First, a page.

Today I am presenting ‘Marvell in Manuscript and Print, 1649-1665’ at the English Postgraduate Forum in Leicester, which poses some new challenges.
It’s my fourth presentation of this material (following two seminars in Geneva and the PhD upgrade). All have been slightly different. But this is the biggest leap, given so few early modern postgraduates in Leicester.
It is one thing presenting a detailed paper to a broad spectrum of early-modern experts, another to present to an audience with very little any interest in Marvell.
The trick is in telling a good story, I’ve always believed. This is about a private man whose attitude and approach to print are particularly unusual. From late 1650, a self-imposed exodus from print lasted for almost 15 years (one anonymous exception aside).
The way in which he chose to disseminate material is cagey and deliberate. Some of the most powerful English poetry under this man’s pen appears to be completely private. What is going on?
Current critical orthodoxy is all about the ‘social function’ of seventeenth-century verse. Poetry was written, we are told, either for print or for manuscript circulation in coterie circles such as those attended by John Donne.
This assumes that verse was always shown to others. Even if there is no evidence of circulation, we should assume that it took place. Marvell casts doubt on this.
So yes: I have to locate this in the seventeenth-century. But the decision to publish or withhold, to select one’s audience meticulously and to act publicly or privately, is fairly timeless. Privacy, boundaries and decision-making always offers something interesting (I hope).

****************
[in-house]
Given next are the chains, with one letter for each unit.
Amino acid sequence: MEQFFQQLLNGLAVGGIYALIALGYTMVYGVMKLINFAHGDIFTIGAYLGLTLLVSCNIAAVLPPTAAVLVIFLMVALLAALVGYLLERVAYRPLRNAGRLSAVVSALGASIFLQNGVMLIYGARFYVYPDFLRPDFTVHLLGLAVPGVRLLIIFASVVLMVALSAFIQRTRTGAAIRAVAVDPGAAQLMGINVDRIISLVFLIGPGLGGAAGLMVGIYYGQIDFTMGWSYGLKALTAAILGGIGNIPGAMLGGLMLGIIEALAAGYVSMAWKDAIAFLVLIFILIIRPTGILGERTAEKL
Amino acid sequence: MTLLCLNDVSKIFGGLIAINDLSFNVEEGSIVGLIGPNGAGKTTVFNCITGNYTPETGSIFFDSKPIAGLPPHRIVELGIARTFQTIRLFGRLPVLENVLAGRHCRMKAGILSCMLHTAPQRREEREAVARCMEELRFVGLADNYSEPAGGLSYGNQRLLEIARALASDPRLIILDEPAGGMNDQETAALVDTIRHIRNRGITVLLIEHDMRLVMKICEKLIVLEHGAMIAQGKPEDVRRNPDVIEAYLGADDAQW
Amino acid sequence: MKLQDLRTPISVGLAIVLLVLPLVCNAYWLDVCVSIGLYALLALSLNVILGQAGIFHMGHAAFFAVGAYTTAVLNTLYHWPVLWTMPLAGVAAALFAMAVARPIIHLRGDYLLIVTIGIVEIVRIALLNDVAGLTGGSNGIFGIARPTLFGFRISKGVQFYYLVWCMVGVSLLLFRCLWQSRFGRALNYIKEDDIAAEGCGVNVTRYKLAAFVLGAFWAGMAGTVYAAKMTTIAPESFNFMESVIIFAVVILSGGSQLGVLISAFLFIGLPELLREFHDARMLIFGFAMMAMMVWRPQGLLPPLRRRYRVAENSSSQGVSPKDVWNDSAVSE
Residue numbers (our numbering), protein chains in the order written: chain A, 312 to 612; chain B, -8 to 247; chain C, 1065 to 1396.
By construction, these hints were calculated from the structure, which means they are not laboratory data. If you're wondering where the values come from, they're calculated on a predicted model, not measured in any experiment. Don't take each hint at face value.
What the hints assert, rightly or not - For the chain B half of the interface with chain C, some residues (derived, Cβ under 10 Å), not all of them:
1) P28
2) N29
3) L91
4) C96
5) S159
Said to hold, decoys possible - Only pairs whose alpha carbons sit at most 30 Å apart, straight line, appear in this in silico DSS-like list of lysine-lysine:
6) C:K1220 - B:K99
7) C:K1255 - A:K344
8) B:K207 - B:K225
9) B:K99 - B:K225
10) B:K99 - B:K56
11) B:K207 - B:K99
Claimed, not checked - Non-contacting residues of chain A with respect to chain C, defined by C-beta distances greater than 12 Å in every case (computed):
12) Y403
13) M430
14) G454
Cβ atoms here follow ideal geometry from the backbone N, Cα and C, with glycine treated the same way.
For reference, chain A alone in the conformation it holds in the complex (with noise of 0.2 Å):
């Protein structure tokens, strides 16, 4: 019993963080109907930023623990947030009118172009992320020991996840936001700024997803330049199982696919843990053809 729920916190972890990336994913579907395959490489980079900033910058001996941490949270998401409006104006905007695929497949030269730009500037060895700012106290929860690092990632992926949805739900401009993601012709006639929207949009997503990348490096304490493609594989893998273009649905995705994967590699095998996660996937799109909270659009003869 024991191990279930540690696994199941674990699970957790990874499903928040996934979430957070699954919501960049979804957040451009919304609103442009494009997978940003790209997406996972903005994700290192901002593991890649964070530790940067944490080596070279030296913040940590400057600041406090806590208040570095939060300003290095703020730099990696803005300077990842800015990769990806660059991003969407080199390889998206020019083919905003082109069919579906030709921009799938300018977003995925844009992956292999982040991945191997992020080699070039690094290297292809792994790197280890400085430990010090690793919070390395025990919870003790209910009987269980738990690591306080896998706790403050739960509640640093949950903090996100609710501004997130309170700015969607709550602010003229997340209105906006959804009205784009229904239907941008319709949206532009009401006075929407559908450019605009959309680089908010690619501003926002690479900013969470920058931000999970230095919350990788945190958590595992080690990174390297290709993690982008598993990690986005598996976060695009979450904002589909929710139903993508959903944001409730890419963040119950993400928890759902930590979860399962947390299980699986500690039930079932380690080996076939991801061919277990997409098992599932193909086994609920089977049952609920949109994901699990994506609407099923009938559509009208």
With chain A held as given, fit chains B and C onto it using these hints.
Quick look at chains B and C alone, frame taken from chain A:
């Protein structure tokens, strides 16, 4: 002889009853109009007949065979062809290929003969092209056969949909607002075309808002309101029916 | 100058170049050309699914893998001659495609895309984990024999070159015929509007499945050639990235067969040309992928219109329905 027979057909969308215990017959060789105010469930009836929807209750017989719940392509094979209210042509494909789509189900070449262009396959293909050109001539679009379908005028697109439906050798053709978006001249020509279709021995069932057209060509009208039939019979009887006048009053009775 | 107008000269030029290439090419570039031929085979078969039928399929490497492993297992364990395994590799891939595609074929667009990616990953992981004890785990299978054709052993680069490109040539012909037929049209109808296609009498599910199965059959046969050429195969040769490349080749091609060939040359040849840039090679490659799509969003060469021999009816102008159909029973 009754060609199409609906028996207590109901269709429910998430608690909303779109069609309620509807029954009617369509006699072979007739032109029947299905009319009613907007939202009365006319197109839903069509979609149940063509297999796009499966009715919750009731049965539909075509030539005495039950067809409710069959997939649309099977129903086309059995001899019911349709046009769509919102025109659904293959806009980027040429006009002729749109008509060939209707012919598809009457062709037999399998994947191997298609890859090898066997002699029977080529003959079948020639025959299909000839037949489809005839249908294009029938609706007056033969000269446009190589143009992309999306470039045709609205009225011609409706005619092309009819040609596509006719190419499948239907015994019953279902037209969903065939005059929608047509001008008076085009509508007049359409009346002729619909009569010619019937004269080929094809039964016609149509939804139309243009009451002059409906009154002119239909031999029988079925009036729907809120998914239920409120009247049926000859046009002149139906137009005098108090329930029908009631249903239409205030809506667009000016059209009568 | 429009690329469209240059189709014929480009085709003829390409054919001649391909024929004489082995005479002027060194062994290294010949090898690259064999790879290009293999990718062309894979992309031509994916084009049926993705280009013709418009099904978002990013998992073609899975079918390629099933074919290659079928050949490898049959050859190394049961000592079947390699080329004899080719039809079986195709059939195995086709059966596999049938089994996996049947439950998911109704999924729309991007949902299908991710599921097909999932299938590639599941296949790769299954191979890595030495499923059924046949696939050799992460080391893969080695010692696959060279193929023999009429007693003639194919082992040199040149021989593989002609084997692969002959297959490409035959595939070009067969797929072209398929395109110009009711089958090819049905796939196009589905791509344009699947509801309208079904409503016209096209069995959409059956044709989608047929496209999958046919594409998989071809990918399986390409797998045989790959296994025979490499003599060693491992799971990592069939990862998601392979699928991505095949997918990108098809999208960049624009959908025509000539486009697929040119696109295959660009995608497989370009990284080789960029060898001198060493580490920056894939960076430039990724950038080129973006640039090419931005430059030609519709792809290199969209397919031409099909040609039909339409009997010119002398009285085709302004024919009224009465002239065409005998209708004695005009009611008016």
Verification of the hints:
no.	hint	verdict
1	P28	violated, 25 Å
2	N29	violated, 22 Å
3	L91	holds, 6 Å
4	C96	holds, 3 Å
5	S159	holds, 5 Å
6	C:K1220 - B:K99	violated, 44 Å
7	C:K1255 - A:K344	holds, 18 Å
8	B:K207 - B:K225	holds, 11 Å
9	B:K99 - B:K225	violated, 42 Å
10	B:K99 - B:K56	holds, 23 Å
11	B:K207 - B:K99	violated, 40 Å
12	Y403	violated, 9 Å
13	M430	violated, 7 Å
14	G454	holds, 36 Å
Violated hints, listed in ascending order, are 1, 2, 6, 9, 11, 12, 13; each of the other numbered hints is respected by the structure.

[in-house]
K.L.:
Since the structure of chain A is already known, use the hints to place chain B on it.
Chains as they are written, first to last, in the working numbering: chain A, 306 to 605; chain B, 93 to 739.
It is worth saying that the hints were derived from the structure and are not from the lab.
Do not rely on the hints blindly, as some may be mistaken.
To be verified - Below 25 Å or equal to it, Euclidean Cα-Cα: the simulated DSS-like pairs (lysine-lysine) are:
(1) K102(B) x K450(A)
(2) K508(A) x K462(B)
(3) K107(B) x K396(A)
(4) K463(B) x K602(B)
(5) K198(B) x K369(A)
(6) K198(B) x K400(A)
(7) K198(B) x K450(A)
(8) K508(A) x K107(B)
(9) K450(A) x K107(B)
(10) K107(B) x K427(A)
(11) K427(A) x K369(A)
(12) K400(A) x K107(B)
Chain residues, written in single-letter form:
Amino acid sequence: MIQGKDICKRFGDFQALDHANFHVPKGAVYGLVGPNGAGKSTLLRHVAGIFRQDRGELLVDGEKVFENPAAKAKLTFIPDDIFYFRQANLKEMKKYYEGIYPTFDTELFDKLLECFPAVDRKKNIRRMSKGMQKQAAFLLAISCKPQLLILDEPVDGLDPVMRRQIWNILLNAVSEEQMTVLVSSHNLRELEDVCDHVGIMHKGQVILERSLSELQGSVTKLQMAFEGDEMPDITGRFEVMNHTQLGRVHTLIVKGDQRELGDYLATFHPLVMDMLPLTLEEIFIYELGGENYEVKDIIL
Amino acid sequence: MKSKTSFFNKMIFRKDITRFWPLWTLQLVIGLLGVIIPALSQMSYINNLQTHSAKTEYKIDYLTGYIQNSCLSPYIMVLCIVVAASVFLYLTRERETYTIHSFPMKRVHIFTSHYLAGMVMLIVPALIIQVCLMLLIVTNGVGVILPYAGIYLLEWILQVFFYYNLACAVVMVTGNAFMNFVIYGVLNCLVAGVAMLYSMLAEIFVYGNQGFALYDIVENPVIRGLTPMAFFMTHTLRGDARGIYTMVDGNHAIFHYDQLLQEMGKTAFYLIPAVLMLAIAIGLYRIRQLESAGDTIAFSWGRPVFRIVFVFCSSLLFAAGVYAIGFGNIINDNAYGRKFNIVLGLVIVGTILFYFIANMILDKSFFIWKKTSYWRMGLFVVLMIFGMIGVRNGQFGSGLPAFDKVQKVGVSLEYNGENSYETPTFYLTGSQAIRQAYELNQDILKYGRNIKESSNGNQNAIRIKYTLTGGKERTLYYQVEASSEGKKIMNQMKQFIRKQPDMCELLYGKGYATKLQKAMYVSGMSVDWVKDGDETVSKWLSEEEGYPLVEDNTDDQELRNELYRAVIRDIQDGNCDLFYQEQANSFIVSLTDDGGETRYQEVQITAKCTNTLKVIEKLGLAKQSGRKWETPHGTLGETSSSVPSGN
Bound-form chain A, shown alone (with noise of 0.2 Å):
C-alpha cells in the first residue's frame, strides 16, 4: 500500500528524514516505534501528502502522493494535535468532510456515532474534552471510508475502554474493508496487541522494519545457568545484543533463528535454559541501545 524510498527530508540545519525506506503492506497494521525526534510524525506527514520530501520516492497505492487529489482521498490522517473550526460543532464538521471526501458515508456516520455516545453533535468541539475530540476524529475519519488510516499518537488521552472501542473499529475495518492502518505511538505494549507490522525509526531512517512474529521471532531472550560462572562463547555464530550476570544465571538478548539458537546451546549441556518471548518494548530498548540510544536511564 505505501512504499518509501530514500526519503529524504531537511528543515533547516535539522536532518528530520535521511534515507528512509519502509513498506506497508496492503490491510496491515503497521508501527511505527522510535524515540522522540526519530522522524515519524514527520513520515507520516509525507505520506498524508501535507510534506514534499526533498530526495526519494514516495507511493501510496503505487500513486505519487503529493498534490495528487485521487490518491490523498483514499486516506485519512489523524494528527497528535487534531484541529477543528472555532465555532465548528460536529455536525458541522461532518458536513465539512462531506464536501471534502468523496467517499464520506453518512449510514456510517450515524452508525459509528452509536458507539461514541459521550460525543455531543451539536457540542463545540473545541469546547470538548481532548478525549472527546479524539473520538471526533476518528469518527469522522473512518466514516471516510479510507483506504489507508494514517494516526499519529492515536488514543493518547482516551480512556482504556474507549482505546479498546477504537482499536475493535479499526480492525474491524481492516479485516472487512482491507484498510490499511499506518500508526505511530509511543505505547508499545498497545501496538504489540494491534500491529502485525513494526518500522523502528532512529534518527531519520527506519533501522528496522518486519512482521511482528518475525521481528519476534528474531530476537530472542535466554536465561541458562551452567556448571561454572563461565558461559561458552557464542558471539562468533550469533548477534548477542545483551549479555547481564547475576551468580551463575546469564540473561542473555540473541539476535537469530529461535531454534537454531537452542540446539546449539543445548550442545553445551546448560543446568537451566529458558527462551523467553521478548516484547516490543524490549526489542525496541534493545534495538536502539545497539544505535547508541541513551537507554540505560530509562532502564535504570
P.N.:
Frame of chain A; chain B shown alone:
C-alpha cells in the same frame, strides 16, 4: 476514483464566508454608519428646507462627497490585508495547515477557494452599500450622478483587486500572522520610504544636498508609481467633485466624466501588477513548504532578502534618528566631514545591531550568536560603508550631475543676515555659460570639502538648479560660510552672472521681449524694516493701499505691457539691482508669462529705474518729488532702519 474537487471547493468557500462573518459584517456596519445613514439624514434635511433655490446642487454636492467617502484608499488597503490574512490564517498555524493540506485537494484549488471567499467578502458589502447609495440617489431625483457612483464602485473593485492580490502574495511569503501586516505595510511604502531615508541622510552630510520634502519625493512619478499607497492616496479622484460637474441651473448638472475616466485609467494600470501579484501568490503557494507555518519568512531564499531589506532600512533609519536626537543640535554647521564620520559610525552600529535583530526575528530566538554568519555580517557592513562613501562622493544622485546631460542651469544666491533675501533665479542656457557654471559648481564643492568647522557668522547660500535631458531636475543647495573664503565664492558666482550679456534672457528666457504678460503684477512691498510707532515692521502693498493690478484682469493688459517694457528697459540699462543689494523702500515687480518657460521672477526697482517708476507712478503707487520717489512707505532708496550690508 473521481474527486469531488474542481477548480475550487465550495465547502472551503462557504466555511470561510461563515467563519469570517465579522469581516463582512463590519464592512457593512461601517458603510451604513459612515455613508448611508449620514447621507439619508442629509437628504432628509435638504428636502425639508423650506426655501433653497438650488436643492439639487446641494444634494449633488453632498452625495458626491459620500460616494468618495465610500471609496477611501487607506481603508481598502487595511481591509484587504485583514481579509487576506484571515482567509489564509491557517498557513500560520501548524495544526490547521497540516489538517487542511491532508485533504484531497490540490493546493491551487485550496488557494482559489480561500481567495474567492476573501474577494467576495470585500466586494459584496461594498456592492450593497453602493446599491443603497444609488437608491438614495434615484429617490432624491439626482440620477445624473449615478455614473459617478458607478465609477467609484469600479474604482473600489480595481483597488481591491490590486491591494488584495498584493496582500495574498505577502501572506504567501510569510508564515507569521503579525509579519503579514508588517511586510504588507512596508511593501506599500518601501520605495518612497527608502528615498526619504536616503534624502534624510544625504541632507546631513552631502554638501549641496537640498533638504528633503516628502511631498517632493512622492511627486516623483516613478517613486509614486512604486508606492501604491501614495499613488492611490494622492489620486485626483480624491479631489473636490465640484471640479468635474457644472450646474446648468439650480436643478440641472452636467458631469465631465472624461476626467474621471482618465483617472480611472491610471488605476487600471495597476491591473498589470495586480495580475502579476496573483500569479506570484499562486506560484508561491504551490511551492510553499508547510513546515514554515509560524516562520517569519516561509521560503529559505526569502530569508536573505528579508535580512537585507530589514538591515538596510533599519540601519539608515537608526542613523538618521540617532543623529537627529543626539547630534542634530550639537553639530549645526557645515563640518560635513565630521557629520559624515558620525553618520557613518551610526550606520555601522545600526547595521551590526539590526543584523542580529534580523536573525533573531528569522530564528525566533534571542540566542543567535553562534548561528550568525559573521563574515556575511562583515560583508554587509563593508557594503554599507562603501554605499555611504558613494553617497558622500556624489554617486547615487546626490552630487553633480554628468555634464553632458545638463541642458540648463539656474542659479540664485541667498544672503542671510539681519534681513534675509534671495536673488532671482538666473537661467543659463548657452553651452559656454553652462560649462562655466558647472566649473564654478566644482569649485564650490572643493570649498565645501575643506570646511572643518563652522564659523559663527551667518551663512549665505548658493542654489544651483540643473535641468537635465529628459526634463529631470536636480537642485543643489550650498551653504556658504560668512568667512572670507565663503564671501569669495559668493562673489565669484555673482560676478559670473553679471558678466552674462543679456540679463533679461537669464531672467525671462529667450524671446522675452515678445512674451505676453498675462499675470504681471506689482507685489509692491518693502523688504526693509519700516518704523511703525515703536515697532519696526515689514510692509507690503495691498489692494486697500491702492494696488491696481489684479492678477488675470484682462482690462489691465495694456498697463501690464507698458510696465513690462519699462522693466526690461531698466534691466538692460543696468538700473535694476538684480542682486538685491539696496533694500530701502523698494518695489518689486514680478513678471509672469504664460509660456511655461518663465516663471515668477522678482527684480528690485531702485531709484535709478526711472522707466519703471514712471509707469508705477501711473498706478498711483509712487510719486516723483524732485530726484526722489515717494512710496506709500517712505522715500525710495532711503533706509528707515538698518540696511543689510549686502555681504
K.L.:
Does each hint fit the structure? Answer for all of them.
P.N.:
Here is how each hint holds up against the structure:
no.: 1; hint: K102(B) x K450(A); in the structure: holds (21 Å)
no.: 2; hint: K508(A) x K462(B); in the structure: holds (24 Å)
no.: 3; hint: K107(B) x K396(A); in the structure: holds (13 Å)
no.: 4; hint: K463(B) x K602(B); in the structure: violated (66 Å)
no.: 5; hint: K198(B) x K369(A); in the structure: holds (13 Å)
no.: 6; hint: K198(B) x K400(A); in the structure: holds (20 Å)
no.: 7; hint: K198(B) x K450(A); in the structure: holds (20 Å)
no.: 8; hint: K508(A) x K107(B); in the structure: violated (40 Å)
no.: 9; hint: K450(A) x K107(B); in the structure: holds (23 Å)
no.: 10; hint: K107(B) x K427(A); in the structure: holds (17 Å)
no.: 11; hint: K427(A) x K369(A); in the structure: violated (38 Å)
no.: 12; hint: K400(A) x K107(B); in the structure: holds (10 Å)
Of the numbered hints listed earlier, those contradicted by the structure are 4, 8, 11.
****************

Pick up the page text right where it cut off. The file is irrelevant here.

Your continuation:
The original version of this paper, presented at Hull this summer, anticipated the best of the world’s Marvellians in attendance. Now it has to be the most open introduction I have given.
Today, I hope to raise discussion around about what goes through someone’s mind when they decide whether or not to disseminate their works. If and when they do decide to, how it is done? That’s what will hopefully make this a positive experience rather than the depressingly empty room at Hull.
An abstract has been submitted for a completed version of this essay to appear in an edited collection. Generously supported by my supervisor, who may himself contribute, I could see my work alongside academic idols: Nigel Smith, Martin Dzelzainis, Blair Worden, Paul Seaward, and others.
For someone whose motivation has crashed spectacularly at times this year, this is a tremendously exciting opportunity.
UPDATE: The chapter referenced above was finally published in 2018: ‘Far off the publick stage’: Marvell in Manuscript and Print, 1649-1665.